Q. Do you recommend getting a heart-rate monitor? Is it necessary? – Dianne H.
Dr. Ross Tucker answers:
A heart-rate monitor can be a useful tool in the right hands, and a destructive force in the wrong ones. The difference is how well you understand what it is actually measuring, and your ability to interpret that number in the context of the rest of your life.
Your heart rate is an indication of the ‘stress’ experienced by your body during a run; so if you measure it objectively, you can track your progress, and manage the stress optimally.
However, as you get fitter, the same run (say, 40 minutes at 5min/km) will be perceived as less stressful, and so your heart rate will be lower than it was when you began training. Similarly, your resting heart rate will drop, partly because the heart muscle gets stronger and partly because your nervous system activity is reduced. On the flipside, if you suddenly notice a jump in heart rate for a standard session, it can be interpreted as a sign that you’re under pressure, over-trained or on the verge of illness.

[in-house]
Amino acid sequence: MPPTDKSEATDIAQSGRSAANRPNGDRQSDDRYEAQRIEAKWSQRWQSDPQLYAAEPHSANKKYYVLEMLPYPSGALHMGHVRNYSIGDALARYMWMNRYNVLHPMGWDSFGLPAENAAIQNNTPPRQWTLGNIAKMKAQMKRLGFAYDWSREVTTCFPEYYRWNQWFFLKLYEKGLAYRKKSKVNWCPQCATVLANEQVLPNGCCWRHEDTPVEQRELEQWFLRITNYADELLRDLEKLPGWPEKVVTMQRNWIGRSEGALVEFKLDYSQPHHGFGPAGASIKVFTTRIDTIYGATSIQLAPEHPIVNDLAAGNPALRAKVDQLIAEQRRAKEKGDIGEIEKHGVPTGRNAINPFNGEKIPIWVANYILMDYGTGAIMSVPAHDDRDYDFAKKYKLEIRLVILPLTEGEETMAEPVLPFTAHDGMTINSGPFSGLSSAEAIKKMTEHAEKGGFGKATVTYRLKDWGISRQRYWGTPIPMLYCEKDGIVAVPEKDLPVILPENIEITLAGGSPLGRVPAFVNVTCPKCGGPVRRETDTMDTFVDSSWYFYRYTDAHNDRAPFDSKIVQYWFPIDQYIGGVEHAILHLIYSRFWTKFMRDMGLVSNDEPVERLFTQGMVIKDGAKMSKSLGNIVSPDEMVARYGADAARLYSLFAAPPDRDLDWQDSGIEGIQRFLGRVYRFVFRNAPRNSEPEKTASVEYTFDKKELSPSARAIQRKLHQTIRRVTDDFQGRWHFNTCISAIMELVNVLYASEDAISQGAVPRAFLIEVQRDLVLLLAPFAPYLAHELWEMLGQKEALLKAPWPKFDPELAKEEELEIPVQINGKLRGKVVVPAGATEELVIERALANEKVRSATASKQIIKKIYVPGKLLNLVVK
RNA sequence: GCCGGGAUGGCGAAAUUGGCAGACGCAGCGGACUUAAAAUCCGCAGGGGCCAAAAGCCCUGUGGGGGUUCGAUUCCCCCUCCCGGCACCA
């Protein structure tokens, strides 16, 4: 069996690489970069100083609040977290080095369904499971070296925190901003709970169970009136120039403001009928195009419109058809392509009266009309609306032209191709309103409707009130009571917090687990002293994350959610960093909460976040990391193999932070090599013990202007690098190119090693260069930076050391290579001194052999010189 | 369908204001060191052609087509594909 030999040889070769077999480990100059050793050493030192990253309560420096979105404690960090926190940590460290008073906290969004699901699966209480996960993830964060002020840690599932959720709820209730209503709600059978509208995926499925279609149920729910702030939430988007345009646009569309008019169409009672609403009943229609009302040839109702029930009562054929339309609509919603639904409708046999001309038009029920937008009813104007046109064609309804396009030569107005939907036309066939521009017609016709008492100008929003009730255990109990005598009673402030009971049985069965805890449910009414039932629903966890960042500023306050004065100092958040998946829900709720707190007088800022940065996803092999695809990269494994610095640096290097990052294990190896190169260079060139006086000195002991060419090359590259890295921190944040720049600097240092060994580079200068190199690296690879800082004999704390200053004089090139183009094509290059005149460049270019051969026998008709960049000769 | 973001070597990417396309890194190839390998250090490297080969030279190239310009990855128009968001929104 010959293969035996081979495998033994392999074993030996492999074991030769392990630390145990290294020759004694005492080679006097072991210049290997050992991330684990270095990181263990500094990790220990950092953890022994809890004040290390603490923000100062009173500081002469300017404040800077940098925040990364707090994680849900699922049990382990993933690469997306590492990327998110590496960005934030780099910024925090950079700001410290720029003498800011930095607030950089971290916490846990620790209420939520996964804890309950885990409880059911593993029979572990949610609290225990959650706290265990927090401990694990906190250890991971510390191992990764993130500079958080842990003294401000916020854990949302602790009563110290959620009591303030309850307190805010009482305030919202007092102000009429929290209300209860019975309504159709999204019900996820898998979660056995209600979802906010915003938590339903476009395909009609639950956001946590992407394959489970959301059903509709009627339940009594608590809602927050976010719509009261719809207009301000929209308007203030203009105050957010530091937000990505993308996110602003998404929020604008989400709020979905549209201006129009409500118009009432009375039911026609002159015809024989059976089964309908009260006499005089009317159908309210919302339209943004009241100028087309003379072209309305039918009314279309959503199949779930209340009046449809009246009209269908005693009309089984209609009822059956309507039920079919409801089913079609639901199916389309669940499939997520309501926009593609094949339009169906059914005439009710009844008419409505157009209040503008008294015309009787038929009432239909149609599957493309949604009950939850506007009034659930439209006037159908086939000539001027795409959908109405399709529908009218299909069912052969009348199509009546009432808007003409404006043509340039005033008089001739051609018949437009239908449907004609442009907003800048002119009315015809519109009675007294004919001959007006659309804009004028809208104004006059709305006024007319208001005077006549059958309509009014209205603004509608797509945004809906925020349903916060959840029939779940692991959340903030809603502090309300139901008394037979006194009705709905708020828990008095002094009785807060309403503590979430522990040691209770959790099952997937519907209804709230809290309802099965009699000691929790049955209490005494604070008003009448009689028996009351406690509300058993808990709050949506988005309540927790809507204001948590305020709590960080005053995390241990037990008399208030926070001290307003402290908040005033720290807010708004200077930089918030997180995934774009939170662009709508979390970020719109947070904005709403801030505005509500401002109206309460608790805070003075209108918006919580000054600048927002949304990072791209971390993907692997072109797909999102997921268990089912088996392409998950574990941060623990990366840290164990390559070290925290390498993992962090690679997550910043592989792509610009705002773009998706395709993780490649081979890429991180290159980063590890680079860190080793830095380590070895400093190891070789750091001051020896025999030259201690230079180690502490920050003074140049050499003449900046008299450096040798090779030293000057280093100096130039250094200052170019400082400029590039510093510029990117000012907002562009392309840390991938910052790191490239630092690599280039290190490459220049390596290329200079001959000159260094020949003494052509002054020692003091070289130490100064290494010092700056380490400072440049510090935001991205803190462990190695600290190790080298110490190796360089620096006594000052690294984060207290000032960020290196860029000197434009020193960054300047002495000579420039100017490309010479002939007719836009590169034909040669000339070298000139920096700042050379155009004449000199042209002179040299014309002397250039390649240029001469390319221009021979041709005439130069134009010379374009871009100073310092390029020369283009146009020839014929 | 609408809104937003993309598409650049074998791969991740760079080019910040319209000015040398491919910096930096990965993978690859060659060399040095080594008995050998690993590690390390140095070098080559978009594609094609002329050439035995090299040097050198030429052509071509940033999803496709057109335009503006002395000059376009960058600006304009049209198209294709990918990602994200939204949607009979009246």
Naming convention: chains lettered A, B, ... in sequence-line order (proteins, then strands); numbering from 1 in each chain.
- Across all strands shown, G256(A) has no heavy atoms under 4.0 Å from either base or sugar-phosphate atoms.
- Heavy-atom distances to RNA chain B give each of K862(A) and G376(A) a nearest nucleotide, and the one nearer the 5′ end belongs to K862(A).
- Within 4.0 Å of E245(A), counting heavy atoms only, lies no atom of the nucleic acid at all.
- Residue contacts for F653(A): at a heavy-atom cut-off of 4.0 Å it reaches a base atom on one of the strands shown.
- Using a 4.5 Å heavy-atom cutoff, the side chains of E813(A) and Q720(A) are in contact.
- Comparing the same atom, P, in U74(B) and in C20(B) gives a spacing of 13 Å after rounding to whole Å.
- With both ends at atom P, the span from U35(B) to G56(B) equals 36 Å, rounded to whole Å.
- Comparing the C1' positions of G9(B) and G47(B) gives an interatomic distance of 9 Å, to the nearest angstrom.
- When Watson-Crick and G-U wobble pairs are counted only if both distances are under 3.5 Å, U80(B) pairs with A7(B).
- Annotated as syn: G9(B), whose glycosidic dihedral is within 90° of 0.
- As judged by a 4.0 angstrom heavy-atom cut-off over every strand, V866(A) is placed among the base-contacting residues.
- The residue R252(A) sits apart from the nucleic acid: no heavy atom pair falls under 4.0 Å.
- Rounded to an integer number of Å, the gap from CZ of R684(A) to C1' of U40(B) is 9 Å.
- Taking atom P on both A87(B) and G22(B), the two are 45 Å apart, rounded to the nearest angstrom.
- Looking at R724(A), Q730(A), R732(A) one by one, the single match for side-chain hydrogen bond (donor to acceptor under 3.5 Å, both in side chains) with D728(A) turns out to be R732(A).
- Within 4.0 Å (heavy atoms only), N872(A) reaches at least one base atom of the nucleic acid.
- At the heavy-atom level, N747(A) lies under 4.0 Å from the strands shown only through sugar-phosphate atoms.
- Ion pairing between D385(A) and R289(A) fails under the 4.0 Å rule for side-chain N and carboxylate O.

The problem is that heart rate is ‘vulnerable’ – environmental conditions, work stress, time of day, diet and random variation all affect that number; so if you’re too literal, you’ll be led astray. Use your heart-rate monitor sparingly, when you are in control – at the same time, on the same route, in the same conditions. It won’t tell you what to do, but it will tell you what has already happened; and if you apply your mind to understanding why it happened, you’ll have an able assistant.
Dr Ross Tucker has a BSc (Med) (Hons) Exercise Science Degree and PhD from the Sports Science Institute. Visit him at